Bosnia's Emir Spahic celebrates World Cup qualification after victory  against Lithuania

Bosnia’s Emir Spahic celebrates World Cup qualification after victory against Lithuania

IbiA?evic, who spent his childhood as a refugee in St Louis, was forced to flee his home town in 1992. His father and uncle were killed in the war while the villages of his parents were razed. He was among the few lucky souls who secured a seat on a bus to Tuzla in Bosnian republic-controlled territory, then had to walk the last of the phase of the journey on foot, past corpses scattered along the road. Haris Medunjanin of Gaziantepspor is another one who lost his father in the war and then moved to Holland with his mother.

An example to follow for the rest of the country

Bosnia represented their country on the world stage behind an unusually united population. Football will never be a substitute for reforms which the country direly needs now but the focus of international media will undoubtedly bring recognition to the desperately serious situation in Post-Dayton Bosnia. No World Cup can replace the burning social issues like joblessness, poverty, and underlying ethnic tensions predominant in every corner of the country. The happiness and excitement the Dragons have brought to Bosnia and Herzegovina irrespective of their first round exit after years of pain and struggle is very well-deserved and long, long overdue for the Bosnians.

They had an exceptional and loyal fan-base who regularly filled the stadium in every home game and even outnumbered the home fans in away games. They were an integral part of the team. And perhaps the root cause of their joy was the underlying pain. From the painful events of the past, they draw inspiration and solidarity with one another. They suffered through two playoff defeats to Portugal but never abandoned their team. They enjoyed every Misimovic free-kick, every through pass of Pjanic, every header of Edin Dzeko header, every Ibisevic goal- no matter the emotional toll it took. It was worth it, because it was their own team with whom they could recognize themselves with.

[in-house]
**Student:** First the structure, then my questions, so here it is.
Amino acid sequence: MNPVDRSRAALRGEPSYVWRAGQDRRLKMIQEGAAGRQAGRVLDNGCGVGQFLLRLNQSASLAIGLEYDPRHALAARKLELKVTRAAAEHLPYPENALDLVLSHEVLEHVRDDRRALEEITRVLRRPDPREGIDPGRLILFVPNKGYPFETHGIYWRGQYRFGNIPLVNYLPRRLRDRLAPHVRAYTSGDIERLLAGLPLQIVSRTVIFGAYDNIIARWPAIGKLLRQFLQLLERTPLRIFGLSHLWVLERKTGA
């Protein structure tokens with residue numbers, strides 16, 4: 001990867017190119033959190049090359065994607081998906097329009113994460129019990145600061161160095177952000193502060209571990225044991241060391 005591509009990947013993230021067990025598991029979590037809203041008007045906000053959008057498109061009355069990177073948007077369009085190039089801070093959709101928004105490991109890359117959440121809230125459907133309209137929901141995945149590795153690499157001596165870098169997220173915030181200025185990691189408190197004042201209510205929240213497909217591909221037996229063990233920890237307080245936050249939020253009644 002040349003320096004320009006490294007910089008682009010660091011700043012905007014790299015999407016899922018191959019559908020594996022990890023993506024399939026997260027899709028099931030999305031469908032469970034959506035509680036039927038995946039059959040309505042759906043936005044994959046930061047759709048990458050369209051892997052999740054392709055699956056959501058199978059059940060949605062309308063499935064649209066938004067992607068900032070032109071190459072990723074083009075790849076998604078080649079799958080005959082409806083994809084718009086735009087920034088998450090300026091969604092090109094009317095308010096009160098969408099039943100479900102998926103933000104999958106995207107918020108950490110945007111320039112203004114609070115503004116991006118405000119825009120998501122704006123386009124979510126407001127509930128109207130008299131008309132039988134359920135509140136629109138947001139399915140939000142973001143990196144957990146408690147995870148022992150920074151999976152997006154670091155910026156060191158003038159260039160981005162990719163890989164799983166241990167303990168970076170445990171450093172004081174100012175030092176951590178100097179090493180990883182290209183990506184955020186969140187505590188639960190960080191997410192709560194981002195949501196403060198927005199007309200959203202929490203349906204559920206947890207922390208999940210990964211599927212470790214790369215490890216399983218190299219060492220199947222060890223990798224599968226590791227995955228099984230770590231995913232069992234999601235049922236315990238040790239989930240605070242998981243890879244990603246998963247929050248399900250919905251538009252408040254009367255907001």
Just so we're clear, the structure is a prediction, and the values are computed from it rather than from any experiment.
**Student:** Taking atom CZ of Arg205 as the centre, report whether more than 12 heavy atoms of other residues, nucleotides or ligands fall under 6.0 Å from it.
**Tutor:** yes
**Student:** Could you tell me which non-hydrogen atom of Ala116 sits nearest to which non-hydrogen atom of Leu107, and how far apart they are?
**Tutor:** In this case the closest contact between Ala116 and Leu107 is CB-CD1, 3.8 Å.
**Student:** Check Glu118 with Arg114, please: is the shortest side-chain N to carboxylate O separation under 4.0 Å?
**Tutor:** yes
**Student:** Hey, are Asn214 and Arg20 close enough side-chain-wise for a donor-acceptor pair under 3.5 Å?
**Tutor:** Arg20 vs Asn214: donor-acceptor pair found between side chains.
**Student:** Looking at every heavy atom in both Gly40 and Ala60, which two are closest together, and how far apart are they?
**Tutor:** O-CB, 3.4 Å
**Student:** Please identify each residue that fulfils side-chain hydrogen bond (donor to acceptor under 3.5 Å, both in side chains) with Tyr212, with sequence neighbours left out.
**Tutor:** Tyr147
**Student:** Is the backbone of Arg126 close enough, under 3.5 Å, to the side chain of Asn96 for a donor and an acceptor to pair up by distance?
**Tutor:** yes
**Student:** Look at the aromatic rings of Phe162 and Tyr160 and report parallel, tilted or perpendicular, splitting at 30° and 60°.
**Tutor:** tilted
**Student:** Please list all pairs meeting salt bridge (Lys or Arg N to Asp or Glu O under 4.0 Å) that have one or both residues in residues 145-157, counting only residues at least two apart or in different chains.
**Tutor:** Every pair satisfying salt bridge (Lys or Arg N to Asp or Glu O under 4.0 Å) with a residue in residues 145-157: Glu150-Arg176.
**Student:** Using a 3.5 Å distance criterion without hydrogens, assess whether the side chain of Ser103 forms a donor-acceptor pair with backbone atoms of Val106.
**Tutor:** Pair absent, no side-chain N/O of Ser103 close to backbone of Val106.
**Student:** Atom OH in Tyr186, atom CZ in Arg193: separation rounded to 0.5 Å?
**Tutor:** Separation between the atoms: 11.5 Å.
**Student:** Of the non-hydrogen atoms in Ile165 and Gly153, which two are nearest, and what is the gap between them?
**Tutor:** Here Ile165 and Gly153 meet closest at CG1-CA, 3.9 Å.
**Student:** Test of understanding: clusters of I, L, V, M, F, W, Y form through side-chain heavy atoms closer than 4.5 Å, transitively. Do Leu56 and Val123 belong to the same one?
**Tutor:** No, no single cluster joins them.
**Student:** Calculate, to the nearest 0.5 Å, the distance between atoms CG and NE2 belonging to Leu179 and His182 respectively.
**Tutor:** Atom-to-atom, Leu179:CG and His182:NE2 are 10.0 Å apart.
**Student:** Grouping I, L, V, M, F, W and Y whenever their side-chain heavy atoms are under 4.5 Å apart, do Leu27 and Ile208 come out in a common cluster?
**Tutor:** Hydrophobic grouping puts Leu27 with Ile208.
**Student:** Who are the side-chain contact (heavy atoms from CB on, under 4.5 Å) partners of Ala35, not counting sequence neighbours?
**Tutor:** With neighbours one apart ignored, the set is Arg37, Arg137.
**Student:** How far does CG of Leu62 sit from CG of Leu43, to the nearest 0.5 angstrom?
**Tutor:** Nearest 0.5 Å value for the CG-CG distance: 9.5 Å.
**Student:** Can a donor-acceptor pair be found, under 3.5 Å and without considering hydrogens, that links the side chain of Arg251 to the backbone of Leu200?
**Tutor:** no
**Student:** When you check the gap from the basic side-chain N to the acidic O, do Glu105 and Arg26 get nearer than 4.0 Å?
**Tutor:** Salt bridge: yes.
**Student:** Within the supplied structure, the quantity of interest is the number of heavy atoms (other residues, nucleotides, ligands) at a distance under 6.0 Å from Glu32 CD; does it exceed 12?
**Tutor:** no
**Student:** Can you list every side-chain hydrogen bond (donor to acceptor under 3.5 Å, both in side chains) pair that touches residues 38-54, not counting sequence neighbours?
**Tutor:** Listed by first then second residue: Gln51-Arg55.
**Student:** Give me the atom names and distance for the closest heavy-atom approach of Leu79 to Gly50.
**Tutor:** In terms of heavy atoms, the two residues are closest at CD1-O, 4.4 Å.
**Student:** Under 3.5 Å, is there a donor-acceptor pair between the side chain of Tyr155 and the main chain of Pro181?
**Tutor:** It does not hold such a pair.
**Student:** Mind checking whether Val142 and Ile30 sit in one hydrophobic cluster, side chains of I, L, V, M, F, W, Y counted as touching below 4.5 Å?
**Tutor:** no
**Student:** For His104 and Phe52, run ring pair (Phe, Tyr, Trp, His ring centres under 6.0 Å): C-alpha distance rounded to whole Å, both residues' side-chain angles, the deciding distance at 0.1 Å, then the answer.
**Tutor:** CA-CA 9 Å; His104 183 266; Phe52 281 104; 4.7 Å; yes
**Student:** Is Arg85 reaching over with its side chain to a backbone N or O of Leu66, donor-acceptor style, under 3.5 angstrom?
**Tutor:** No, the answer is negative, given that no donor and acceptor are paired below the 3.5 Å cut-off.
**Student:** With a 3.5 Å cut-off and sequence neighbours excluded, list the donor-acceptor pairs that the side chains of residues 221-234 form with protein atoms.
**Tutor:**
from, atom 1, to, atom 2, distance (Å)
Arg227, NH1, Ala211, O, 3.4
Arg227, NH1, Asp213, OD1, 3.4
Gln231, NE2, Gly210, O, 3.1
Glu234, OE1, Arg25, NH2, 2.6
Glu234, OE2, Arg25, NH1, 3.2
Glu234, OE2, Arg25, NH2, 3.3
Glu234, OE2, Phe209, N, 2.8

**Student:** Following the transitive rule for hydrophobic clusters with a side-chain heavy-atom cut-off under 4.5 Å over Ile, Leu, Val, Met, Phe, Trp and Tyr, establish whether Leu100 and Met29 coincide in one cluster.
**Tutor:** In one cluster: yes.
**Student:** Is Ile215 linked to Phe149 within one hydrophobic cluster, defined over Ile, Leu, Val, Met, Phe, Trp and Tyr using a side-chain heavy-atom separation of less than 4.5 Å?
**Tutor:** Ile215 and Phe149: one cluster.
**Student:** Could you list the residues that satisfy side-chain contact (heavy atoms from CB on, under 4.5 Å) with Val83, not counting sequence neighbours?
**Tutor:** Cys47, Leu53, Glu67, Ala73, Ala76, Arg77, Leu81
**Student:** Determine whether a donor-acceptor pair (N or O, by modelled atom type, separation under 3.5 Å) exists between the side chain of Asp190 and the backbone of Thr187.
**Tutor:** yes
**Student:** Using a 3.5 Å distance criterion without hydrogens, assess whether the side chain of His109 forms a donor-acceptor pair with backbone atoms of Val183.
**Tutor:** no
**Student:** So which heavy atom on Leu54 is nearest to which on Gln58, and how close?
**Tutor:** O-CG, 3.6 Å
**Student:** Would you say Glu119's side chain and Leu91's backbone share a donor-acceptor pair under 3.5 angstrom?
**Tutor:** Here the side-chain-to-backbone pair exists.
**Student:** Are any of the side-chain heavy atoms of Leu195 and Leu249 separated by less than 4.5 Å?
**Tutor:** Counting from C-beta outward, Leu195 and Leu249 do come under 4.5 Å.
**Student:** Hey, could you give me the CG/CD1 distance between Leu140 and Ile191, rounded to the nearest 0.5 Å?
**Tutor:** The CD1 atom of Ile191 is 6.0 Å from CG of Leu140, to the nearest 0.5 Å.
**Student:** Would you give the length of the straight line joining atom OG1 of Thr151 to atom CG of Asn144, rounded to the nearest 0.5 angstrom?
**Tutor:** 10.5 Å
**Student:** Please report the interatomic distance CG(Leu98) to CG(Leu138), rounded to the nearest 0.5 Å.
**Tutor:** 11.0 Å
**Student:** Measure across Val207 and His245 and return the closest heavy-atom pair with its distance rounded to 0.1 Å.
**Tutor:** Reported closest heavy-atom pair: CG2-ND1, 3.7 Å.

Dzeko and his team mates have already made history. The history of the Dragons bears witness to the long and stormy struggle of Bosnians to control their own destiny. The national team has always been a powerful symbol of Bosnian identity. The World Cup lasted for only for two weeks while other burning factors of inter-ethnic relations (such as divisions in school system, nationalistic media always looking to create trouble, the highly controversial Dayton political system etc) will continue to exist. The World Cup (as the opium of the masses) has the potential to temporarily heal some of the old wounds, bring the people together under one roof and present Bosnia-Herzegovina in a positive way. However, this should not be an illusion about unified Bosnian society ai??i?? the reality is that they are still far from a reconciled Bosnia.

(Source- World Cup 2014: Bosnia ‘ladybirds’ carry nation’s hopes to Brazil after new tragedy strikes By Ian Chadband, Chief Sports Correspondent, in Sarajevo)